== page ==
Using the Portable Graphics Library
tcsh 1>
emacs DoNotEnter.cpp
Using the Portable Graphics Library
#include "gobjects.h"
#include "gwindow.h"
using namespace std;
const double CIRCLE_SIZE = 240;
const double BAR_WIDTH = 200;
const double BAR_HEIGHT = 40;
int main() {
GWindow gw(600, 400);
double xc = gw.getWidth() / 2;
double yc = gw.getHeight() / 2;
GOval *circle = new GOval(xc - CIRCLE_SIZE / 2,
yc - CIRCLE_SIZE / 2,
CIRCLE_SIZE, CIRCLE_SIZE);
circle->setFilled(true);
circle->setColor("RED");
GRect *bar = new GRect(xc - BAR_WIDTH / 2,
-uu-:---F1 DoNotEnter.cpp Top L1 (C++)-------------------
Using the Portable Graphics Library
int main() {
GWindow gw(600, 400);
double xc = gw.getWidth() / 2;
double yc = gw.getHeight() / 2;
GOval *circle = new GOval(xc - CIRCLE_SIZE / 2,
yc - CIRCLE_SIZE / 2,
CIRCLE_SIZE, CIRCLE_SIZE);
circle->setFilled(true);
circle->setColor("RED");
GRect *bar = new GRect(xc - BAR_WIDTH / 2,
yc - BAR_HEIGHT / 2,
BAR_WIDTH, BAR_HEIGHT);
bar->setFilled(true);
bar->setColor("WHITE");
gw.add(circle);
gw.add(bar);
return 0;
}
-uu-:---F1 DoNotEnter.cpp Bot L9 (C++)-------------------
Using the Portable Graphics Library
tcsh 1>
emacs DoNotEnter.cpp
tcsh 2>
make all
g++ -c –IStanfordCPPLib DoNotEnter.cpp
g++ -o DoNotEnter DoNotEnter.o -lStanfordCPPLib
tcsh 3>
DoNotEnter
Using the Portable Graphics Library
tcsh 1>
emacs DoNotEnter.cpp
tcsh 2>
make all
g++ -c –IStanfordCPPLib DoNotEnter.cpp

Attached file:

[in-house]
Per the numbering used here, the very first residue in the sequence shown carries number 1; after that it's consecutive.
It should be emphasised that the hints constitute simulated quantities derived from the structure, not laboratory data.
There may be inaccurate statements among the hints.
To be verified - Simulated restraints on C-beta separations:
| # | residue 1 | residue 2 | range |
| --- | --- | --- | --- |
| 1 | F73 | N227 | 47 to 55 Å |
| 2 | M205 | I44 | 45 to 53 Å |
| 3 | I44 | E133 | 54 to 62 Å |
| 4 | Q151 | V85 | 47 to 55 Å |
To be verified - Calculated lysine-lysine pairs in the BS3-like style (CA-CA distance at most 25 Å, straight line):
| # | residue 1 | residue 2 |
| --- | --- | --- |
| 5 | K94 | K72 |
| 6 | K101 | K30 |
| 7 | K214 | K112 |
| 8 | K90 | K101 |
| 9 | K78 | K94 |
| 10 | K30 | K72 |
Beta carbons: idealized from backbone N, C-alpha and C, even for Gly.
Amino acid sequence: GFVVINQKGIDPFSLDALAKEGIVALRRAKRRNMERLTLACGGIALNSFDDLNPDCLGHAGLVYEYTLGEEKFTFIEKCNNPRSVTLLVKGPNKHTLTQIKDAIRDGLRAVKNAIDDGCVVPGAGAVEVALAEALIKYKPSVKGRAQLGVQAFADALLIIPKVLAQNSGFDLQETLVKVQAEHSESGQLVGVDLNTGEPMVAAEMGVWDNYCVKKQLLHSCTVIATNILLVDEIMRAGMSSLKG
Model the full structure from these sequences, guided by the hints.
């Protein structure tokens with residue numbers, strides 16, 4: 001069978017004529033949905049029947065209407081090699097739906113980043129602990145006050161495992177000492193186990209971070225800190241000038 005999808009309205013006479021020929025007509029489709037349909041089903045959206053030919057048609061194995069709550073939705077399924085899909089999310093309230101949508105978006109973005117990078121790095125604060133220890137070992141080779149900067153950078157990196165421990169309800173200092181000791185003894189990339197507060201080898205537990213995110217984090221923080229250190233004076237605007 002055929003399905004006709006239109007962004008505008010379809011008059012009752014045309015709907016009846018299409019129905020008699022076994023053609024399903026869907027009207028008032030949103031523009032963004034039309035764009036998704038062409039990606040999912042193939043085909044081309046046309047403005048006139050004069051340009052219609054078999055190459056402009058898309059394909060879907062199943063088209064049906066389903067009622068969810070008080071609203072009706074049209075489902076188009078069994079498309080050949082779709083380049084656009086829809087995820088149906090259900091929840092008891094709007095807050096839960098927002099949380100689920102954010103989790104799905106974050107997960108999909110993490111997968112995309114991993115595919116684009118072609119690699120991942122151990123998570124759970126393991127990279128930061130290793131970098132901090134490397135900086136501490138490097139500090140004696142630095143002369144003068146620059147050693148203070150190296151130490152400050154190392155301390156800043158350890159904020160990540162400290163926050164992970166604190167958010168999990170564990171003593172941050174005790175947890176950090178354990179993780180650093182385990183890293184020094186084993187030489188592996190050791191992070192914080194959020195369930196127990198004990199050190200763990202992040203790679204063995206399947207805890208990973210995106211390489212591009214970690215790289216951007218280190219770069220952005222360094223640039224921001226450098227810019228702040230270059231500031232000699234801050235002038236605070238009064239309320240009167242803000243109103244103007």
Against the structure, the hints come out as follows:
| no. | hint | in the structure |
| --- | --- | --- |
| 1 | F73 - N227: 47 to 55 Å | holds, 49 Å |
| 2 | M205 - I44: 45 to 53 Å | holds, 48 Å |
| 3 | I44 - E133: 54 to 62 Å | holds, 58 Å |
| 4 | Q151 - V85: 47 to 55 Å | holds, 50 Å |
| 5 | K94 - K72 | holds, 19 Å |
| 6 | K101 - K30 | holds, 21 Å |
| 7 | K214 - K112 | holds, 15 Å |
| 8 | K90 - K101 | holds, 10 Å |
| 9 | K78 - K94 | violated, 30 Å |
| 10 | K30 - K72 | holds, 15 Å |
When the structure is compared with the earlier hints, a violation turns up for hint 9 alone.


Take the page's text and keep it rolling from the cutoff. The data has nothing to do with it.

g++ -o DoNotEnter DoNotEnter.o -lStanfordCPPLib
tcsh 3>
DoNotEnter
The Event Model
• The Portable Graphics Library uses an event model whose
hierarchical structure is similar to the Java event model:
• In contrast to Java, events in the Portable Graphics Library
are synchronous in the sense that events are reported only
when the client calls waitForEvent.
• The primary implication of this design decision is that
students must code their own event loops.
Using Events
Live Demo
See Gaetano Kanizsa, “Subjective Contours,” Scientific American, April 1976
Minimizing Interactions
• In Breakout, how does the program detect collisions?
• Asking the Java process about collisions is too slow. The
system must keep geometric information on both sides.
The Clients Are Not All That Thin
Each of these takes
~5000 lines of code
interprocess pipe
• Despite the size, the strategy is a huge win because it requires
no rendering code and is not tied to a rapidly evolving API.
Advantages
1. Simplified maintenance. The responsibility for ensuring that
rendering works on all platforms is in the hands of the Java
maintainers and no longer falls on the developers and adopters.
2. Streamlined migration to new languages and platforms. Good
assignments take a long time to develop. Having a common
model for a variety of source languages reduces the burden
considerably.
3. Enhanced opportunities to analyze trace data. The text stream
that passes between the client code and the back end process
provides interesting information that can be analyzed using
machine-learning techniques.
4. Substantial possibilities for extensions. The strategy of
combining a thin client with an interprocess pipe has many
applications beyond graphics.
Current Status
• We have used the new library model for three quarters in this
academic year and feel that it has been very successful.
• Over that time, we have come up with a variety of strategies
to make the model even better, and we are currently working
on several of those.
• We are also in the process of installing the code on GitHub.
• Before we release the library as an open-source project, we
are interested in recruiting beta-testers. If you are interested,
please send mail to
[email protected]
The End